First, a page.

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Thirty years ago, a stunning wave of political change swept across Europe, overthrowing regimes, tearing down walls and destroying an Iron Curtain that had divided Europe for decades. Communism was eventually discarded, and newly free publics embraced democracy and capitalism. The ensuing three decades have brought successes and disappointments alike, but as a new Pew Research Center survey shows, few in the former Eastern Bloc regret the historic upheaval of 1989.
From Isolation to Solidarity: How we toppled communism and what challenges lie ahead by Lech Wałęsa, Founder, Lech Wałęsa Institute and Former President of Poland
Still, many believe progress has been uneven, and that some have benefited more than others from the enormous political, economic and social changes that have taken place. And when asked about the future, Europeans on both sides of the old East-West divide express strong concerns about their political and economic systems.
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Overall, the seismic shifts toward democracy and capitalism that began three decades ago are generally popular in the Central and Eastern European nations surveyed. In countries such as Poland, the Czech Republic, Slovakia, Hungary and Lithuania, large majorities approve of the transition to a multiparty political system and a market-based economy.
The end of the communist era generated hopes of a common European future for many.
However, this political and economic model may not be providing benefits to everyone in an equitable manner. Large majorities across the Central and Eastern European nations polled say politicians and business people have benefited from the changes since the wall fell, but considerably fewer say this about ordinary people. And while most believe the changes have had a positive impact on education, living standards and national pride, views are more mixed when it comes to the impact on spiritual values, law and order, health care and family values.
While assessments of the past three decades vary across issues, they also vary across countries. For instance, majorities in Poland, the Czech Republic and Lithuania say most people are better off economically today than they were under the old regime, but more than half in Russia, Ukraine and Bulgaria believe most people are worse off today.
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Democratic principles are generally embraced by Central and Eastern European publics, although the strength of their commitment to democracy is sometimes underwhelming. For instance, across six former communist nations that are now European Union members – Bulgaria, Czech Republic, Hungary, Lithuania, Poland and Slovakia – a median of 91% say it is important to have freedom of religion in their country, but just 54% believe it is very important. Only 55% think it is very important to have a system where opposition parties are able to operate freely. Overall, the survey found higher levels of support for democratic rights and institutions in the longer established democracies of Western Europe.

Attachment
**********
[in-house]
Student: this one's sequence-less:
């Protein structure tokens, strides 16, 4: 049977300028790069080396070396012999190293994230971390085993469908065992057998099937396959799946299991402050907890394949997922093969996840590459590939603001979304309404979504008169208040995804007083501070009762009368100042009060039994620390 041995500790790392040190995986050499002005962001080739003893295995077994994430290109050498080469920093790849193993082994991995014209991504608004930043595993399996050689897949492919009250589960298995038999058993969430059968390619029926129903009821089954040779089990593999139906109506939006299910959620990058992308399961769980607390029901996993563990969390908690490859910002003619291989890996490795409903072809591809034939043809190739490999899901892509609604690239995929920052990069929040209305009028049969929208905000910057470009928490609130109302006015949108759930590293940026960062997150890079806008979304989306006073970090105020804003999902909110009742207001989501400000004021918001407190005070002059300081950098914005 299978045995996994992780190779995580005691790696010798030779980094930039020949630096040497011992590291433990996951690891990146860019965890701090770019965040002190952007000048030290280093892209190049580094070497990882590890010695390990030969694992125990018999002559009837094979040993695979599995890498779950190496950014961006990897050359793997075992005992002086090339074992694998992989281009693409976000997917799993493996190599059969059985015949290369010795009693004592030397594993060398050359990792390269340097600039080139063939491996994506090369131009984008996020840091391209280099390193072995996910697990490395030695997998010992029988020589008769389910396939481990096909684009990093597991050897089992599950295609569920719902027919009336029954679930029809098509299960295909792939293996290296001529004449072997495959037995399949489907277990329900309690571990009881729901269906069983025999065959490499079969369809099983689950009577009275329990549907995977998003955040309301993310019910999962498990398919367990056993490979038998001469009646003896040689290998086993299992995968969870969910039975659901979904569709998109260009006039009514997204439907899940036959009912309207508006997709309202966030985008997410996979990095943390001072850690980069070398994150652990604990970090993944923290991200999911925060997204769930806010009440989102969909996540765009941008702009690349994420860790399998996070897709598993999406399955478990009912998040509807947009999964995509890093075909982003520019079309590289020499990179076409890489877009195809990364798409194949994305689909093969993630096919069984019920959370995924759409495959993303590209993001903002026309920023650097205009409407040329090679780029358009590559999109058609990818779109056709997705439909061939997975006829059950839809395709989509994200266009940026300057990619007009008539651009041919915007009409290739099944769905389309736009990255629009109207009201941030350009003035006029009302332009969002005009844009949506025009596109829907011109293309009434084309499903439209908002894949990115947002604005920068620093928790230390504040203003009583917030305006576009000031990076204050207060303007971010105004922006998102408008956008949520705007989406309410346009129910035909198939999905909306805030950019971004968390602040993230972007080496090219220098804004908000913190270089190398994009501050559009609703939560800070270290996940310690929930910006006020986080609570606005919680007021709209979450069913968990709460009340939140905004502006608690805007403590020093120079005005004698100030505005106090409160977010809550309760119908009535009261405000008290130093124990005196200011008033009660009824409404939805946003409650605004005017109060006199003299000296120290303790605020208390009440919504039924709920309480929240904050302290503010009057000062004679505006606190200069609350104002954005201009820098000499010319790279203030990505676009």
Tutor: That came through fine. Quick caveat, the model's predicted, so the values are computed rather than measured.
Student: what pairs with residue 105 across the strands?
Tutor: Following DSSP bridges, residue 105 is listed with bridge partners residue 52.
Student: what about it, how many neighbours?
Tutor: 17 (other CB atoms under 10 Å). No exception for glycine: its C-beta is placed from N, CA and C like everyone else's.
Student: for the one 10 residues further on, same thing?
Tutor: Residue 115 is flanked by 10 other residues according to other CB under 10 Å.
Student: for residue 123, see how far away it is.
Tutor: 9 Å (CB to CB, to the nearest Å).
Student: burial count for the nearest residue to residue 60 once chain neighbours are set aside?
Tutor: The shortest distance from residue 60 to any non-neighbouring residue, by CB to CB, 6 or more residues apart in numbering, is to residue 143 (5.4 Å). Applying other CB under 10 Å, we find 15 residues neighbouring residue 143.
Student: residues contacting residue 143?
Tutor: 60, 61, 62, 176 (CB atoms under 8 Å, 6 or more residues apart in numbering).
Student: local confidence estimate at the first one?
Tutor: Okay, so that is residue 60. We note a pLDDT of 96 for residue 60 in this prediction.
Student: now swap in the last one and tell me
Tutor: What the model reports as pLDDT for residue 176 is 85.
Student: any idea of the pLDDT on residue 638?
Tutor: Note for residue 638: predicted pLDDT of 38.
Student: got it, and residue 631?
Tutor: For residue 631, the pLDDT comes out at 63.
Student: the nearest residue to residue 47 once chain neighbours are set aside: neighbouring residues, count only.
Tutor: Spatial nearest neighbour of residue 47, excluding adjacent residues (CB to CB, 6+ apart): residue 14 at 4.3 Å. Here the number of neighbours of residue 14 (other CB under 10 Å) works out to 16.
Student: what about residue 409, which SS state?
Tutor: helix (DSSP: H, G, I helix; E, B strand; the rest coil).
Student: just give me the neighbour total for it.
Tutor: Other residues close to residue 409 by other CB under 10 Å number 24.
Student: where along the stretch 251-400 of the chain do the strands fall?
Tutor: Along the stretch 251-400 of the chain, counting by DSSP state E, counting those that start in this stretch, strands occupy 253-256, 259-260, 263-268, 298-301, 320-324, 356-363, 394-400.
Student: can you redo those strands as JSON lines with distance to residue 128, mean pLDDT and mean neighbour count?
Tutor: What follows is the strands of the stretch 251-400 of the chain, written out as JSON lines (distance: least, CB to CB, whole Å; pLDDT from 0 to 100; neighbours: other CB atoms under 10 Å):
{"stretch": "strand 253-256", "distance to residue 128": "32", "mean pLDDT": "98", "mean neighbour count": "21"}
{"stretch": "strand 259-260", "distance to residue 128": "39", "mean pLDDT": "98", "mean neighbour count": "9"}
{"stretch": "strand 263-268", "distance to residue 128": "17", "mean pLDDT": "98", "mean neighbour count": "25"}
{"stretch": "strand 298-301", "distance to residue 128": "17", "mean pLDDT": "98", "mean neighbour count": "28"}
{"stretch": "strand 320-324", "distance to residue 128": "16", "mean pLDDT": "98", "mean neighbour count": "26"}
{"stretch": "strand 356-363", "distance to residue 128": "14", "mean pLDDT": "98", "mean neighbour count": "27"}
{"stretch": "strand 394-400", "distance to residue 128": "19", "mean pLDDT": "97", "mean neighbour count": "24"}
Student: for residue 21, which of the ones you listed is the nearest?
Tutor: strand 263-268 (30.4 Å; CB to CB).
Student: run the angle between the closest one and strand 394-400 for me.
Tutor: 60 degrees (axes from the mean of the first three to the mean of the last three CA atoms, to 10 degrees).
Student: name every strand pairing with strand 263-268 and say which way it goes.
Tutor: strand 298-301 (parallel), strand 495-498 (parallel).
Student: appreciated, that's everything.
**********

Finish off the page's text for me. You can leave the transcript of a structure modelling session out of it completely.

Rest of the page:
The end of the communist era generated hopes of a common European future for many. Membership in the EU was something Central and Eastern Europeans, newly free from Soviet control, aspired to, and within a decade and a half several former communist nations had become members. Today, the EU is largely seen in a favorable light, although people do have strong complaints about Brussels. In total, the survey included 14 EU countries from both sides of the former Iron Curtain, and roughly half or more of those surveyed in each expressed positive overall views of the EU. Nonetheless, opinions are mixed about the economic impact of EU membership. For instance, in France, Greece, Bulgaria and Italy – nations where few are happy with the current state of the economy – less than half believe European economic integration has been good for their country. As previous Pew Research polling has shown, people across the continent widely support the noble goals of the EU – they believe it promotes peace, prosperity and democracy – but they also see Brussels as intrusive, inefficient and out of touch with ordinary citizens.
Most also believe political elites in their own countries are out of touch. Majorities in 11 of 14 EU nations say elected officials do not care what people like them think, and most Russians and Ukrainians feel the same way. This perception that political leaders don’t listen, and maybe don’t even care, is one reason why so many are unhappy with the way their political systems are functioning.
Perhaps more troublingly, there is widespread pessimism about the political future. Across the 14 EU nations in the study, a median of 53% say they are pessimistic about the way their political system works. People are even more pessimistic when it comes to their country’s ability to tackle inequality.
As the 30th anniversary of the fall of the Berlin Wall approaches, many Europeans will recall the hope and optimism of 1989: as the current study shows, the democratic values and European principles that inspired many three decades ago are still embraced by average citizens across the continent. But the data also highlights the degree to which many are unhappy with the current state of politics and uncertain about Europe’s future.
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